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FDA authorizes plasma treatment despite scientists' objections

Zachary Brennan and Sarah Owermohle

Hahn, who took over as FDA chief in December, said Trump “has asked FDA to cut back red tape and try to speed medical products into the hands of providers, patients and American consumers.”

Outside experts and former officials have accused FDA of caving to White House pressure during the pandemic — most notably in its decision to authorize emergency use of hydroxychloroquine for treating Covid-19 infection despite limited evidence. The agency later pulled the authorization after randomized clinical trials found it provided no benefit, but Trump as recently as this weekend complained about the agency’s reversal.

Hahn, a longtime cancer doctor, declined to contradict the president’s claims about plasma being “very effective” on the press briefing stage Sunday night. “If you are one of those 35 out of 100 people who these data suggest survive as a result of it, this is pretty significant,” he said.

The data from the expanded access program is not a randomized controlled clinical trial, making it difficult for scientists to eliminate other factors in patients’ recovery. Two randomized trials cited in the FDA’s emergency use authorization, in China and the Netherlands, were both halted.

The Chinese trial could not enroll enough patients. The Dutch trial ended after sponsors found “no difference in mortality, hospital stay or day-15 disease severity.”

Plasma therapy involves giving the sick antibody-rich plasma extracted from the blood of coronavirus survivors. In theory those antibodies should help recipients fight off the virus. But while plasma treatment has been used safely against diseases from diphtheria to Ebola over the past 130 years, its track record on effectiveness is mixed. And it has not yet been proven to work against the coronavirus.

Scott Gottlieb, Trump’s first FDA commissioner, on Sunday said that plasma is “probably beneficial” for coronavirus patients, as he also acknowledged scientists’ concerns about the lack of evidence for the treatment.

“I think some people wanted to see more rigorous data to ground that decision,” Gottlieb said on CBS’s “Face the Nation.”

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Until now, most Covid-19 patients who have received plasma have gotten it through an expanded-use program the FDA set up with the Mayo Clinic.

An analysis of data on more than 35,000 patients enrolled in the Mayo Clinic program examined how they fared a month after receiving plasma. It found that a smaller proportion (21.6 percent) of patients who were given the treatment within three days of diagnosis died compared to people who received the treatment later in the course of their disease (26.7 percent).

But the study, published on Aug. 12 but not peer-reviewed, did not include a control group that would have allowed the researchers to determine whether the plasma treatment reduced the risk of death when compared to standard care.

A study by researchers at Houston Methodist hospitals reached similar conclusions. The 136 patients who received plasma were more likely to have survived a month post-diagnosis compared to 251 patients who did not get the treatment. The effect was strongest in people who were given plasma within three days of hospital admission. But the study, published on August 10 in the American Journal of Pathology, was not randomized or controlled. The doctors running the study gave every enrolled patient plasma, and later compared their outcomes to other people treated at the hospital.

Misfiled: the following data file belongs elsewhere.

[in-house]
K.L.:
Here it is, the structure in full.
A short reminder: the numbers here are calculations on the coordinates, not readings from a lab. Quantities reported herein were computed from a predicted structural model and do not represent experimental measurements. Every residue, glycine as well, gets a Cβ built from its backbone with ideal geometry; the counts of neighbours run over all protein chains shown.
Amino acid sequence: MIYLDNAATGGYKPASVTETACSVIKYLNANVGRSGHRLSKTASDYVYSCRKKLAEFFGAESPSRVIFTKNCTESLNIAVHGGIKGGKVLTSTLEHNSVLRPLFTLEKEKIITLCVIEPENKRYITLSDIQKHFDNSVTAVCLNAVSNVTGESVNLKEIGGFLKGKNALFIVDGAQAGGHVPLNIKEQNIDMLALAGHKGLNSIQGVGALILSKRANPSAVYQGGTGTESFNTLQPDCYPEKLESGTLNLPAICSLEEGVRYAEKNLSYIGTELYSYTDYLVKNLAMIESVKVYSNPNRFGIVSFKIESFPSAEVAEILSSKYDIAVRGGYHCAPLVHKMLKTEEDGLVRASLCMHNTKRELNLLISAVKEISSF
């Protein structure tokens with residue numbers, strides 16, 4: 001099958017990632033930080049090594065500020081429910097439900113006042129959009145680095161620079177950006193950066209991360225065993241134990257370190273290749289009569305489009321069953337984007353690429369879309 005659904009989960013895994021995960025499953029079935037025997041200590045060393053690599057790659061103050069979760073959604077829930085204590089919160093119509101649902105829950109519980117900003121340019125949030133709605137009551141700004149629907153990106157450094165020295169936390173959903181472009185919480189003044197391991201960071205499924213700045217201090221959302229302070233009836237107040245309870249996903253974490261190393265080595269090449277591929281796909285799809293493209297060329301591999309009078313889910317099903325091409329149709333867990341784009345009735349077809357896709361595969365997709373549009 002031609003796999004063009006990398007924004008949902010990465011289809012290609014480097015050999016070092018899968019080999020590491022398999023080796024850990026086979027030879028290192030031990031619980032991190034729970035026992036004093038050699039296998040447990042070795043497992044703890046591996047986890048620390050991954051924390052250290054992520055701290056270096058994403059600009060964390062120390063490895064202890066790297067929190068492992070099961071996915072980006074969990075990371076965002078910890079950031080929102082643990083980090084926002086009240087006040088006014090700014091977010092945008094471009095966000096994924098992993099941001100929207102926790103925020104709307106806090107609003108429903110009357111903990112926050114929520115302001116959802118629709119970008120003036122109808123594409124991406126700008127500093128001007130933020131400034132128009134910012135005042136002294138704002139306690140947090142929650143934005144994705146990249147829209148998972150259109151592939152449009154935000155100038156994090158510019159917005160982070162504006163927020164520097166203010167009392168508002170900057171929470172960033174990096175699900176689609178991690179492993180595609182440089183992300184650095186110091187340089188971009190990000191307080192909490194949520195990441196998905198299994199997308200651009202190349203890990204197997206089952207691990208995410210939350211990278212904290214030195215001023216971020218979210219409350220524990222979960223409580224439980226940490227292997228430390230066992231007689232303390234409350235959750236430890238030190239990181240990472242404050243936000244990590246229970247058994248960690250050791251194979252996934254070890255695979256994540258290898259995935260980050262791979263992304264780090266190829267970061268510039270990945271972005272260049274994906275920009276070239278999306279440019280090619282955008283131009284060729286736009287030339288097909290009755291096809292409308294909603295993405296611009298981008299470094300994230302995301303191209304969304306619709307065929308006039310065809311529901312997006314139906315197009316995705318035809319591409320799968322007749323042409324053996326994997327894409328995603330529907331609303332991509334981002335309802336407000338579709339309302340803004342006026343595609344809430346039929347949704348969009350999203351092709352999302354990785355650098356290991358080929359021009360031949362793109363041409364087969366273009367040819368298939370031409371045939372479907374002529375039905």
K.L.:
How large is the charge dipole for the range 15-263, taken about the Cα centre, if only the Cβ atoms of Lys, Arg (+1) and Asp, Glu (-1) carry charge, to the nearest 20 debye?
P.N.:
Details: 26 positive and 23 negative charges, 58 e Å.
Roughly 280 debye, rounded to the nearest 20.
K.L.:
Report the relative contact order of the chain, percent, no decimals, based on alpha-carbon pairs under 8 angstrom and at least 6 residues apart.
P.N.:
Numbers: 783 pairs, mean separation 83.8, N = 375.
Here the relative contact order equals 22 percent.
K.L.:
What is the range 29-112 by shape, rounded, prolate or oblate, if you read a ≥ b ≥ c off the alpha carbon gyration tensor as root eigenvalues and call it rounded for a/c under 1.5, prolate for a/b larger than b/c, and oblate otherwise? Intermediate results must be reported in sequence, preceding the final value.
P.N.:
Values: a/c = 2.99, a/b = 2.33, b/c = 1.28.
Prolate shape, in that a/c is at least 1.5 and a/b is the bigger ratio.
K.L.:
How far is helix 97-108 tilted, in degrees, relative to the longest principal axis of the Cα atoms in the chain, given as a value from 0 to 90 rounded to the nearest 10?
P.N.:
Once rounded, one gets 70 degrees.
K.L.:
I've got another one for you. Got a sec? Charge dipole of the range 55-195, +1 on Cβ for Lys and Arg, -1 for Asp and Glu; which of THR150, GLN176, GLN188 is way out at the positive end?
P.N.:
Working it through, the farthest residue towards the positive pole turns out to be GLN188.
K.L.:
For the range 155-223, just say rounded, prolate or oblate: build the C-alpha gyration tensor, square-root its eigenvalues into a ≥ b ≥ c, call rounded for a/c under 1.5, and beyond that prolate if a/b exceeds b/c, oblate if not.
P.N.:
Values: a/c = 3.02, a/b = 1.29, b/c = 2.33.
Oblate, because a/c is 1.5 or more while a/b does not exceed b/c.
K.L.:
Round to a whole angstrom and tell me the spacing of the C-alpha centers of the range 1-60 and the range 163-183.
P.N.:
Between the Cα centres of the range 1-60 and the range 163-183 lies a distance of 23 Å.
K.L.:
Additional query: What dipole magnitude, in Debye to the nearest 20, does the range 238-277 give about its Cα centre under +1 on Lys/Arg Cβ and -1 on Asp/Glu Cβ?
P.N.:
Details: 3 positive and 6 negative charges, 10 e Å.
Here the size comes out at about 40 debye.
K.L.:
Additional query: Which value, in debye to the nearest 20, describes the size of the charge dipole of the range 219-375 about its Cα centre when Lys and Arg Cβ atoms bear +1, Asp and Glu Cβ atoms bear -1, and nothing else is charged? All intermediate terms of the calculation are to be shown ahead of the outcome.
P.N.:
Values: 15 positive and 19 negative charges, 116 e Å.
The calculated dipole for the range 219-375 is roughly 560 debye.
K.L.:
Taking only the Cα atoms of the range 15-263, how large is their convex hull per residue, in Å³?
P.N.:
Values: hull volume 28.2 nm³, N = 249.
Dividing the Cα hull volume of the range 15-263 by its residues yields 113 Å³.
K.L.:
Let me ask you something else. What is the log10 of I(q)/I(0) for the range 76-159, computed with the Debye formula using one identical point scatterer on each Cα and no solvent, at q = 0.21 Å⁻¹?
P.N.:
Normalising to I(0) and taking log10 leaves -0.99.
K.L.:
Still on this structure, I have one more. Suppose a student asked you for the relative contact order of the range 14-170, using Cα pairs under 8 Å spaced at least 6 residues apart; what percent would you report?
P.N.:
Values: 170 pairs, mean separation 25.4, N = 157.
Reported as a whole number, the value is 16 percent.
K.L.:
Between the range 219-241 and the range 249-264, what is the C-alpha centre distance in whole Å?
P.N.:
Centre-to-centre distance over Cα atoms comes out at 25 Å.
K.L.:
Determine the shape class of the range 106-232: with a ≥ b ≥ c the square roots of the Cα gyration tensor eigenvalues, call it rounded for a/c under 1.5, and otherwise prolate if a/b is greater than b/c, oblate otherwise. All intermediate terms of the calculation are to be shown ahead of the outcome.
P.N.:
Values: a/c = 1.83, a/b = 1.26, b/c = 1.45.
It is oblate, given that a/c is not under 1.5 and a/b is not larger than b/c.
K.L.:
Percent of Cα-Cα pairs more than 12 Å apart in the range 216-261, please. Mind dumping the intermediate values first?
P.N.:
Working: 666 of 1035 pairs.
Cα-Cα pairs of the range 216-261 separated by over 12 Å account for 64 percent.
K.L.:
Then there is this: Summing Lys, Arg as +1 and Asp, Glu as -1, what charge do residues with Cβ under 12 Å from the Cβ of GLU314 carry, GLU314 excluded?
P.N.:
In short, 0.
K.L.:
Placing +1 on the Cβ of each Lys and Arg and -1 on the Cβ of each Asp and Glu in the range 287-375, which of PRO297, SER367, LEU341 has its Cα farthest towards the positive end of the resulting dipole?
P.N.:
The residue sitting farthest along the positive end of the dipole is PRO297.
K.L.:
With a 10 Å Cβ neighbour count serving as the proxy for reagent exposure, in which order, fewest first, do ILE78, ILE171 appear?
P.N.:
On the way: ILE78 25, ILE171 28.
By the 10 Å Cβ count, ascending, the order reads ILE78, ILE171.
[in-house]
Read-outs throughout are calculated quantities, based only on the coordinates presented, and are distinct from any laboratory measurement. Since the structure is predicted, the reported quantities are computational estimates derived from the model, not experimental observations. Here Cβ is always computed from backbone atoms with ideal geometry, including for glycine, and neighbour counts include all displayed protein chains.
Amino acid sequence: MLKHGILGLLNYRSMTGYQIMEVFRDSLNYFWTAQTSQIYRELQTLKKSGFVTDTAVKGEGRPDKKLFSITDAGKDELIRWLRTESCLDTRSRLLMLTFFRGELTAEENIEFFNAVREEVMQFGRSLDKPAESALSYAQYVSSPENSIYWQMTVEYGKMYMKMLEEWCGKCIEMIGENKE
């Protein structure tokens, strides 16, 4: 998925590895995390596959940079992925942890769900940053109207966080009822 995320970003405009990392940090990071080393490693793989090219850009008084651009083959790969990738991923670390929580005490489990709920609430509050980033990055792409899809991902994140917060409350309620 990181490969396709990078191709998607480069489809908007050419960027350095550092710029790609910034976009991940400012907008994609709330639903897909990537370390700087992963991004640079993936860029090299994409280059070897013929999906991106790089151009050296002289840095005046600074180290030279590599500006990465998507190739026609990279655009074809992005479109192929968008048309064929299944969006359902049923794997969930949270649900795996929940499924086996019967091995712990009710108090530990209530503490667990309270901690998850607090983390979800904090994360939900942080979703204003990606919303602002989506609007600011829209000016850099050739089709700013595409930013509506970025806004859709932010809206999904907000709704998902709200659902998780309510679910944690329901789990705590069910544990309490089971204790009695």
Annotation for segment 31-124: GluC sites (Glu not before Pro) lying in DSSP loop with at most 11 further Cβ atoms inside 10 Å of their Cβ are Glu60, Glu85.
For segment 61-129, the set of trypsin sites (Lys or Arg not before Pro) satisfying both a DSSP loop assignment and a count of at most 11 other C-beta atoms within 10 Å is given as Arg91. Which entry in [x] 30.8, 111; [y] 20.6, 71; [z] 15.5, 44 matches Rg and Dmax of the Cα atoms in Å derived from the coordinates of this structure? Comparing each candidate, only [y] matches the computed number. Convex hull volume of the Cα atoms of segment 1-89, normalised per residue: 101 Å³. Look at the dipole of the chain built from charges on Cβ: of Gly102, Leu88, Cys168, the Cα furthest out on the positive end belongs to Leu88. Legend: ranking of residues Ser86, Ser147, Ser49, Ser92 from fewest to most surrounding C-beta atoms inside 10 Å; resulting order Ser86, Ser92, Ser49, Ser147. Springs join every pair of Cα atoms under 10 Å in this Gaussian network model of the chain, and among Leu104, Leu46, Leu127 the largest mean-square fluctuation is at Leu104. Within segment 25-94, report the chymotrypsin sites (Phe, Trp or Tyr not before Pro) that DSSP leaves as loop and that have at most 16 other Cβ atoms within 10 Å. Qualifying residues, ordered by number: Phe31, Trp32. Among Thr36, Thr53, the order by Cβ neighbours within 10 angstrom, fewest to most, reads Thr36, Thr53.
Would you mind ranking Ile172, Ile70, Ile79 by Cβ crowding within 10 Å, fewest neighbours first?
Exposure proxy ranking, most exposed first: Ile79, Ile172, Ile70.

It’s not clear when definitive evidence on plasma’s effectiveness will emerge. Woodcock told an NIH scientific summit on Thursday that 162 convalescent plasma studies are underway, but only six could produce the type of data needed to support an emergency authorization or approval from the FDA.

Despite the lack of definitive evidence that the treatment is effective, Trump and members of his coronavirus task force launched a campaign in July urging Covid-19 survivors to donate their blood plasma to help stem the pandemic.

HHS had spent almost $ 200 million as of July 9 to acquire the plasma of coronavirus survivors from vendors such as the non-profit America’s Blood Centers. The government has also given the American Red Cross almost $ 70 million to coordinate the collection of convalescent plasma.

The FDA made the right move to authorize expanded use of the plasma treatment, said Jeffrey Henderson, an infectious disease doctor at Washington University in St. Louis. Even though it’s not clear the treatment is effective, he said, there is ample evidence that it is safe.

But other outside experts — including at least four former FDA chiefs — have urged the agency to hold off an emergency authorization until there is clear data that plasma works.

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“Let’s get the trials done & if the results are life saving, let’s make it standard of care, thus benefiting hundreds of thousands to millions,” former FDA Commissioner Robert Califf tweeted this week. “If not we can avoid the huge expense & effort & keep looking for best treatments.”

Adam Cancryn and Dan Diamond contributed to this story.

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